As part of my professional learning this summer, I attended my first EdCamp at the Downingtown STEM Academy last week. My take-away is that every educator should be REQUIRED to attend an Edcamp once a year. I walked away so inspired, energized, and valued and I want to share a few of the highlights with you!
EdCamp Calendar & Sign-Ups If you have never heard of EdCamps before, I recommend you start here to read about them. This link also contains a list of upcoming EdCamps and links to sign-up. I recommend checking back this fall for more local dates.
EdCamp Downingtown GoogleDoc During each EdCamp, attendees take notes on a collaborative GoogleDoc, which allows those who couldn’t attend also benefit from the collaboration! Click on the link in each session you are interested in to read the GoogleDoc notes on that session.
Graphite.org This is a resource that was discussed in my Makerspaces session. It not only gives you great recommendations for how to utilize Makerspaces, but it also provides projects that tie to your area of curriculum.
The Extraordinaires Design Set If you are new to Makerspaces, like me, this design kit was recommended to me as a great place to start. All of the planning and preparation is in the box, and is relatively cheap (hopefully you have a modest teacher budget from your district!).
Worlds of Making This is a book that was spoken very highly of by both teachers in the Makerspace and PBL sessions. I have not bought it yet, but it looks like a fantastic starter guide for Makerspaces and project-based learning.
KQED DO NOW Allow students to explore and answer controversial topics, and give their responses an authentic audience through the KQED DO NOW activities. I linked to the KQED #2nextprez DO NOWs because I think it is best worth your click. I learned about #2nextprez in Arcadia’s #ED677 course.
Issuu.com This website allows users to upload multiple Word or PDF pages and it publishes them to look like an online magazine. This FREE service is another perfect way to publish your students’ work for a greater audience.
Unique & Equal This past semester, I used Issuu.com to publish my ESL Intermediate’s classroom magazine. The magazine was completely student-driven and student-created. We shared the link to the magazine out on social media and got meaningful, positive feedback from all over our district!
What I love the most about technology in education is the opportunities it presents for my students to publish for authentic audiences! One such site I just found is Instructables.com. On this site, students can follow instructions to create a project, or they can create and upload their own project instructions!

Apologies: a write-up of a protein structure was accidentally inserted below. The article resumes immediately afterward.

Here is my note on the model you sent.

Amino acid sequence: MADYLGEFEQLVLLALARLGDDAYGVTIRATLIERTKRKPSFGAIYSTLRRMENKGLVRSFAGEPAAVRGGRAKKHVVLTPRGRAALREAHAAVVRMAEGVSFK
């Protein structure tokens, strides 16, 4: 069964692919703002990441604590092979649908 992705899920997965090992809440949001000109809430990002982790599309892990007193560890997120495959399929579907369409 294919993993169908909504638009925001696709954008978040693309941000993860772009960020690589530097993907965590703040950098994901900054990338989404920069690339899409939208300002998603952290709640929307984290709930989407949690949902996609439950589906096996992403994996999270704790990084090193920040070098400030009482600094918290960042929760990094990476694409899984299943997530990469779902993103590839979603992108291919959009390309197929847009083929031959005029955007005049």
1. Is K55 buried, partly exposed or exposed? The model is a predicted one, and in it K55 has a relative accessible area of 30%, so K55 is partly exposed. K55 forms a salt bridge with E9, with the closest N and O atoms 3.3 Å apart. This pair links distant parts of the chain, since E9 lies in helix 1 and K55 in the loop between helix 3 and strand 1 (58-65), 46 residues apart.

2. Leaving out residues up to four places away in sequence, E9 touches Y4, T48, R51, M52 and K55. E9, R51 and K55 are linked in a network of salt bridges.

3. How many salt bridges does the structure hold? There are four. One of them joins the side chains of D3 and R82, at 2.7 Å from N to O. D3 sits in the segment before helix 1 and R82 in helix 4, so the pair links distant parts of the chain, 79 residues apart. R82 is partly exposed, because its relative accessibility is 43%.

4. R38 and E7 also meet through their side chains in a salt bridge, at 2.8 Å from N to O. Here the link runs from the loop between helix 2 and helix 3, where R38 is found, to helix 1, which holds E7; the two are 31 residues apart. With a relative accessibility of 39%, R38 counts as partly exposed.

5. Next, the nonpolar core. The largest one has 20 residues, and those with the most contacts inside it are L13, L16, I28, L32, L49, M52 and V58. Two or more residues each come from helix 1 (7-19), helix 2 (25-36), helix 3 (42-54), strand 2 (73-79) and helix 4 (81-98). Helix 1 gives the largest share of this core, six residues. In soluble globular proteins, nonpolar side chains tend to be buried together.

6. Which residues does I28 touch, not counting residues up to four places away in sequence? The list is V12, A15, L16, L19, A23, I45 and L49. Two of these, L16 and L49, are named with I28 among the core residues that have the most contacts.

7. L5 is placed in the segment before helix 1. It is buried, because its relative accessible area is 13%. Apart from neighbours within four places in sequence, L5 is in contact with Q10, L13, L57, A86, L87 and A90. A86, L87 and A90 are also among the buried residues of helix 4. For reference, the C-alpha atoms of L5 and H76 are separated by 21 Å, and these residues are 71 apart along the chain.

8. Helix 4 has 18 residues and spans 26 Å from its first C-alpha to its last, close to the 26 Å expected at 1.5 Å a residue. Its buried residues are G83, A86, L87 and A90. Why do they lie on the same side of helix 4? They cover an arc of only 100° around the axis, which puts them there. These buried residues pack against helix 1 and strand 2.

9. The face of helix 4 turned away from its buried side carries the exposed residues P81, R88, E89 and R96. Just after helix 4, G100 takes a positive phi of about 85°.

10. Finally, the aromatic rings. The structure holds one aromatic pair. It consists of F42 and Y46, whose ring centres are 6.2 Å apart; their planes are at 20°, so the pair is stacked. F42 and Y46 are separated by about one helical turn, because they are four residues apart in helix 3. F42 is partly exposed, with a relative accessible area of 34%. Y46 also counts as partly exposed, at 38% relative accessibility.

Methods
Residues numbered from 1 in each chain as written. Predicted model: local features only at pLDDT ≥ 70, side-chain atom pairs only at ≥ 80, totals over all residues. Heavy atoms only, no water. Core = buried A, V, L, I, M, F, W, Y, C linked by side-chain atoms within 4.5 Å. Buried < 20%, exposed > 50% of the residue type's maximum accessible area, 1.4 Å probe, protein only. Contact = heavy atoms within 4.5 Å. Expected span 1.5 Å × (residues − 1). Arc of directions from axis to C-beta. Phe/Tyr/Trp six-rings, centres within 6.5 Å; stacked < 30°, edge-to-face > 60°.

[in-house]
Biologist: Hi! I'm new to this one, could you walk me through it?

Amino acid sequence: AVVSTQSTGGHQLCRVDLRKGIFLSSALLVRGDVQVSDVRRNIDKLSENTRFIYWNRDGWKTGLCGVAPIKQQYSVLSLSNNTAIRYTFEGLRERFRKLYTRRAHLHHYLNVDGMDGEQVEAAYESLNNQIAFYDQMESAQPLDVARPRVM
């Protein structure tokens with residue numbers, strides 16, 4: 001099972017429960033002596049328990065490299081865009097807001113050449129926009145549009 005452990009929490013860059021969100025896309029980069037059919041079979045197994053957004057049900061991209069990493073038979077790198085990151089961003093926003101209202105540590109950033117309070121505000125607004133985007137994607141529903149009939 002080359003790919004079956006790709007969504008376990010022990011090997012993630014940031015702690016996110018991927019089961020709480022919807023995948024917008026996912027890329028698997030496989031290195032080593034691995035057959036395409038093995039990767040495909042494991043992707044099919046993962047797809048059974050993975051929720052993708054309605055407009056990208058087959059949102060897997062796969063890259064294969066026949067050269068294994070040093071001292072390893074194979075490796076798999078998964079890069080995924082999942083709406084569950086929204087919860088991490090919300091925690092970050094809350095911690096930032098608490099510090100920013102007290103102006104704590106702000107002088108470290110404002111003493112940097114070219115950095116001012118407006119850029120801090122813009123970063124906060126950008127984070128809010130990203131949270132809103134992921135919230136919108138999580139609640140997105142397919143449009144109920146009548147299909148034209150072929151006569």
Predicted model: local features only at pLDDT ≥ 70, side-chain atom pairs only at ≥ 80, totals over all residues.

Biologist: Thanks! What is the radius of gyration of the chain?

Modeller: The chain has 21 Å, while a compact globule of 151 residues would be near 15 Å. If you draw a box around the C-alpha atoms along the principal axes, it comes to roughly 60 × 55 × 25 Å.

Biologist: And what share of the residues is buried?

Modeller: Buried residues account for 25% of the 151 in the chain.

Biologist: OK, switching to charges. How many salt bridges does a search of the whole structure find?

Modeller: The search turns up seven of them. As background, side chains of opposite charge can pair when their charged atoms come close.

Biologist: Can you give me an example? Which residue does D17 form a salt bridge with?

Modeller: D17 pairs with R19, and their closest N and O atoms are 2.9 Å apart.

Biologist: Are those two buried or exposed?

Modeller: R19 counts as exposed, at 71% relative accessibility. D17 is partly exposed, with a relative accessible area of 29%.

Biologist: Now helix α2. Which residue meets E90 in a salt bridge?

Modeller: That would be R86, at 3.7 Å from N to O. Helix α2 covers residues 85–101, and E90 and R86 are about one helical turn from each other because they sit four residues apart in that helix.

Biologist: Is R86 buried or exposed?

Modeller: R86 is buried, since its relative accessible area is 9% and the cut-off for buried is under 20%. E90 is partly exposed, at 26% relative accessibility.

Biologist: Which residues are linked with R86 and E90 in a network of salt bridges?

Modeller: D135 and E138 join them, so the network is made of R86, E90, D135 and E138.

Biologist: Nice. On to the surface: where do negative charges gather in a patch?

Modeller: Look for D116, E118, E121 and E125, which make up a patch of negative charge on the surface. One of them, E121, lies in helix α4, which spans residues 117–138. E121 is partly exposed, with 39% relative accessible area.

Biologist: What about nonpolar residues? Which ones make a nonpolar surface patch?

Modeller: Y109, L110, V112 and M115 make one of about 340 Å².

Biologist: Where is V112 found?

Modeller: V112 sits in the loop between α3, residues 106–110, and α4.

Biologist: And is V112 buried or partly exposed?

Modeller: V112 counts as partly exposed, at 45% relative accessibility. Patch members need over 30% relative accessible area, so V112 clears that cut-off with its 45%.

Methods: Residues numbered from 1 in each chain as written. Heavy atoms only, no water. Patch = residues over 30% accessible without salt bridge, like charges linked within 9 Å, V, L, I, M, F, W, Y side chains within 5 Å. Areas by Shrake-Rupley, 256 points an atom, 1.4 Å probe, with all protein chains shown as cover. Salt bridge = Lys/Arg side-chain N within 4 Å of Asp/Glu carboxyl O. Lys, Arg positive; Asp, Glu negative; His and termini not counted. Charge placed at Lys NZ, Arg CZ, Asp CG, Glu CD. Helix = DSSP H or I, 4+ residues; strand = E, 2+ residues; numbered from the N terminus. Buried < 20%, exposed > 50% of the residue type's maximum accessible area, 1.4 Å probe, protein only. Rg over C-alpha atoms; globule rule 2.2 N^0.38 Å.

Issuu.com is another FREE site where you can create documents and then upload them for free public view on the web. My students are currently creating a classroom magazine that we will distribute digitally as their final project via Issuu.
Being able to publish on the web is a privilege that comes with the responsibility of digital citizenship. I think that digital citizenship is two fold: students must know how to responsibly post online and know how to access and evaluate credibility of other users’ posts on the web. I love the idea of using Snopes.com stories and asking students to investigate online and report back whether it is true or not.
A Princeton psychology professor has posed his CV of failures online Intrinsic to the PBL process is inevitable failure and the necessity for students to start over again in a new direction. However, I believe we work in a system where students are taught to recognize failure as something they cannot recover from, instead of something that they can learn from and try again.
8 Switches to Update Project-Based Learning in the 21st Century A great resource for framing your thinking and approach to relevant PBL design.
Periscope: Connecting Classrooms to the World This was a great find for me because I keep seeing Periscope videos pop up in the feed of my teacher Twitter account, but I haven’t had a clue what the app was about!
How to Fill Out the FAFSA Teaching both ESL and 12th grade English makes not only the difficulty of applying to colleges apparent, but it makes the struggle of applying to college as an immigrant VERY clear. I have went back and forth this year about how to best assist my students with this issue, and I love the possible solutions this article presents.